The First Comparison:

I can only write from my personal experience, but the first thing I would like to do is compare what I see as the difference between real medical doctors and chiropractors when it comes to professional conduct and ethical standards.

Over the past four years I have received a number of emails from chiropractors that I would classify as nothing but malicious hate mail. In this latest incident, I received no less than six emails altogether from the chiropractic office in question (two before I ever wrote the article) which contained the following elements:

  1. False accusations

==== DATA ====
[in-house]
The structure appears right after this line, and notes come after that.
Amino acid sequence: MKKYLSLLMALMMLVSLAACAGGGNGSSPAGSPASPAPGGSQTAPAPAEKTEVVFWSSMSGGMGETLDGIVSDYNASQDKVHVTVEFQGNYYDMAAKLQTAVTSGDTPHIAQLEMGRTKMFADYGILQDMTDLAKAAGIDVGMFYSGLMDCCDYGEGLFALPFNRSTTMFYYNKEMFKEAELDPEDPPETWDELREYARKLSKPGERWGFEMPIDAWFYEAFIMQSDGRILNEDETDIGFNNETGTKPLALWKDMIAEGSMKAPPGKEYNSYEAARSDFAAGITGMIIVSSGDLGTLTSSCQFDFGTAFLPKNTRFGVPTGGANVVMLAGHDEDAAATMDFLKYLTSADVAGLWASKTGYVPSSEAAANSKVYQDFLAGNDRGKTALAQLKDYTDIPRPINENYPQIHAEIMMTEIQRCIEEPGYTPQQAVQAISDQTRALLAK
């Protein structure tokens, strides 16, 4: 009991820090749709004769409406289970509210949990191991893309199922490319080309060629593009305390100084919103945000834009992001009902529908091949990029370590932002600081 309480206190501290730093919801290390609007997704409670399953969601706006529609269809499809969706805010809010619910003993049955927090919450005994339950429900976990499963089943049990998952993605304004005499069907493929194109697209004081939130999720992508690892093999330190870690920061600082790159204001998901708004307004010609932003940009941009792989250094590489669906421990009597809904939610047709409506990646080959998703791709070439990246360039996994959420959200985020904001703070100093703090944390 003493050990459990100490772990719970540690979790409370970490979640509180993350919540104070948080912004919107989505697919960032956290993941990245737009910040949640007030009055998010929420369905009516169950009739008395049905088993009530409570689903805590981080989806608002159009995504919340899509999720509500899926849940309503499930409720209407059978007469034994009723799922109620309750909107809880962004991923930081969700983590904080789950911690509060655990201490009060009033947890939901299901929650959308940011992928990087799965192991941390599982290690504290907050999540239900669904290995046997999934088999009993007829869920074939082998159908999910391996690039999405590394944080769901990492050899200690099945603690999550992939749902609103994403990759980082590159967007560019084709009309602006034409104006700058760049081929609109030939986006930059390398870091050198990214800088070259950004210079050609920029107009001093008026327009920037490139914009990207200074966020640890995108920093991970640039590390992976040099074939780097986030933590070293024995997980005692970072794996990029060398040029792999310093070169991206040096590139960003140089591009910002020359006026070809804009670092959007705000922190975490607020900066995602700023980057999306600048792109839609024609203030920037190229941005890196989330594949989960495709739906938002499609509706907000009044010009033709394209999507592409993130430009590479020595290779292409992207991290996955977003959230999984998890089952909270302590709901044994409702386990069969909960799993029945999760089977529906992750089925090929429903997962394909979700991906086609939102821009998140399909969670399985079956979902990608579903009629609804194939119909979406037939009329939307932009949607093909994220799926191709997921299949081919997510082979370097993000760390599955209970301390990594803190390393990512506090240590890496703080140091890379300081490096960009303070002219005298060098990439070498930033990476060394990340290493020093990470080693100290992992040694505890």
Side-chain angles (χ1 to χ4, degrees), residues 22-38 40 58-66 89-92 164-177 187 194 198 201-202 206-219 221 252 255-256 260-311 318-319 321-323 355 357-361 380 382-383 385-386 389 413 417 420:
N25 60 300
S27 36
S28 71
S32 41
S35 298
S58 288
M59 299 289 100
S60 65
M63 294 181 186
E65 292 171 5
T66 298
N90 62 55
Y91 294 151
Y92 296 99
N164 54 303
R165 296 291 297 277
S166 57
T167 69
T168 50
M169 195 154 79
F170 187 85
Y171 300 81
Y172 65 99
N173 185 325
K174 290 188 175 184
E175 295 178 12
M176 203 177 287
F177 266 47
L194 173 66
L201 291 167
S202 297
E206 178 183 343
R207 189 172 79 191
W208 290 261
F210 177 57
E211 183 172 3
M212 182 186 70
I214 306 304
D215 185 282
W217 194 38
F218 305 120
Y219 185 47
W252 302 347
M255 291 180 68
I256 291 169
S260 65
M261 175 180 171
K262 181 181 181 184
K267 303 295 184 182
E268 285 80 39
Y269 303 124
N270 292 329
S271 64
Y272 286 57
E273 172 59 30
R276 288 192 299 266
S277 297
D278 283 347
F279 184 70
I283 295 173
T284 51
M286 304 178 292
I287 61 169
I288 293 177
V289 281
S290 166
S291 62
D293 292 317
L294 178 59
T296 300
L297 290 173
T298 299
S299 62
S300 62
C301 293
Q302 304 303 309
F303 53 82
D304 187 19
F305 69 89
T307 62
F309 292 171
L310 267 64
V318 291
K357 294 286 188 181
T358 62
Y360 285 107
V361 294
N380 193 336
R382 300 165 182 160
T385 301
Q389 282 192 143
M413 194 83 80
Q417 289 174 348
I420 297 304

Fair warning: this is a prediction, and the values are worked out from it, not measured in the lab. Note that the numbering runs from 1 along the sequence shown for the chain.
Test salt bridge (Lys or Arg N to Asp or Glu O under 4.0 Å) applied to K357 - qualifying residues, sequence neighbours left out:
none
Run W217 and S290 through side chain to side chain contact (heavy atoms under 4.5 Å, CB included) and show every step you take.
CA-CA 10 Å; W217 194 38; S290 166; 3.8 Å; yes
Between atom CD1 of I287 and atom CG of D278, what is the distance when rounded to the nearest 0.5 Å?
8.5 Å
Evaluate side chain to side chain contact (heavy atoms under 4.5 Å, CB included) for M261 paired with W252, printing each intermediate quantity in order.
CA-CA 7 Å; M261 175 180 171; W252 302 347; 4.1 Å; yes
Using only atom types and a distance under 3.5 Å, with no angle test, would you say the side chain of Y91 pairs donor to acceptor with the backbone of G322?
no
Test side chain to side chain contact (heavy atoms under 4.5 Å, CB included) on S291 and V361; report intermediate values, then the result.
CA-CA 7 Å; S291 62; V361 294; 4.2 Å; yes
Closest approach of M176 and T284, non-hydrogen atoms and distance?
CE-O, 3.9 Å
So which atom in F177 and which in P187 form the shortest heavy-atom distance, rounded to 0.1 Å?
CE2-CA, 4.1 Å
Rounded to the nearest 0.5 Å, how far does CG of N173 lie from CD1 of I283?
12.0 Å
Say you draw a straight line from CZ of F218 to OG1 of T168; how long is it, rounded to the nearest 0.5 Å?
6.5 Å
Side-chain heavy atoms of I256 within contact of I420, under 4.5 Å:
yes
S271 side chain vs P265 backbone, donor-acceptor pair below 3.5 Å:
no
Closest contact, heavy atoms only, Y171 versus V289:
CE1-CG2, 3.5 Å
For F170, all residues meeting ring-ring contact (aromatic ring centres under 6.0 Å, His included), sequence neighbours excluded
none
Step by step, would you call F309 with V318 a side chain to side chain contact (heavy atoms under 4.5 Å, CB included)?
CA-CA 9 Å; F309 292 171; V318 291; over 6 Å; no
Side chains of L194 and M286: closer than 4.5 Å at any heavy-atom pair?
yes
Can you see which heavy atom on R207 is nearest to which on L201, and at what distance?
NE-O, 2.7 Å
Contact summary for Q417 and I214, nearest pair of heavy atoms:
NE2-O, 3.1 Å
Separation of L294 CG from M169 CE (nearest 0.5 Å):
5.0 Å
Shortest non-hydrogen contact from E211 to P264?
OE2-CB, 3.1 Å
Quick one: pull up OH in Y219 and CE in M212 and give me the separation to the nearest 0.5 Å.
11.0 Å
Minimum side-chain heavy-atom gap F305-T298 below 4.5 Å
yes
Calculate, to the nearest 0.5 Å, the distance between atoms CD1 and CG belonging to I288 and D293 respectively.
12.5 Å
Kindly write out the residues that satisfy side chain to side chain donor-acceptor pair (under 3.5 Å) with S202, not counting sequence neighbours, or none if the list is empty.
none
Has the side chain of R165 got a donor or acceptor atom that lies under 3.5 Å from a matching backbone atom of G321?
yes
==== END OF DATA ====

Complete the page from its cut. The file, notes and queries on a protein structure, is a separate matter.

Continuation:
2. Harassment
  3. Threats
  4. Intimidation
  5. Badgering
  6. Derision

Throughout the entire incident, from beginning to end, I was never once treated with courtesy or anything resembling professional conduct.

On the other hand, the correspondence that I have received from real doctors and other medical professionals has always involved:

  1. Courtesy
  2. Respect
  3. Positive Feedback
  4. Constructive criticism

Which brings me to…

The Second Comparison:

What can you expect to receive in correspondence from a medical doctor?

Whenever I receive correspondence from a medical doctor they always pay me the courtesy of introducing themselves and informing me that they are, in fact, a medical doctor. They usually will also inform me of their specialty such as surgeon, family practitioner, neurologist and so on.

I have never received a single negative comment — let alone anything even resembling hate mail — from a medical doctor. And frankly, I would be shocked if I did.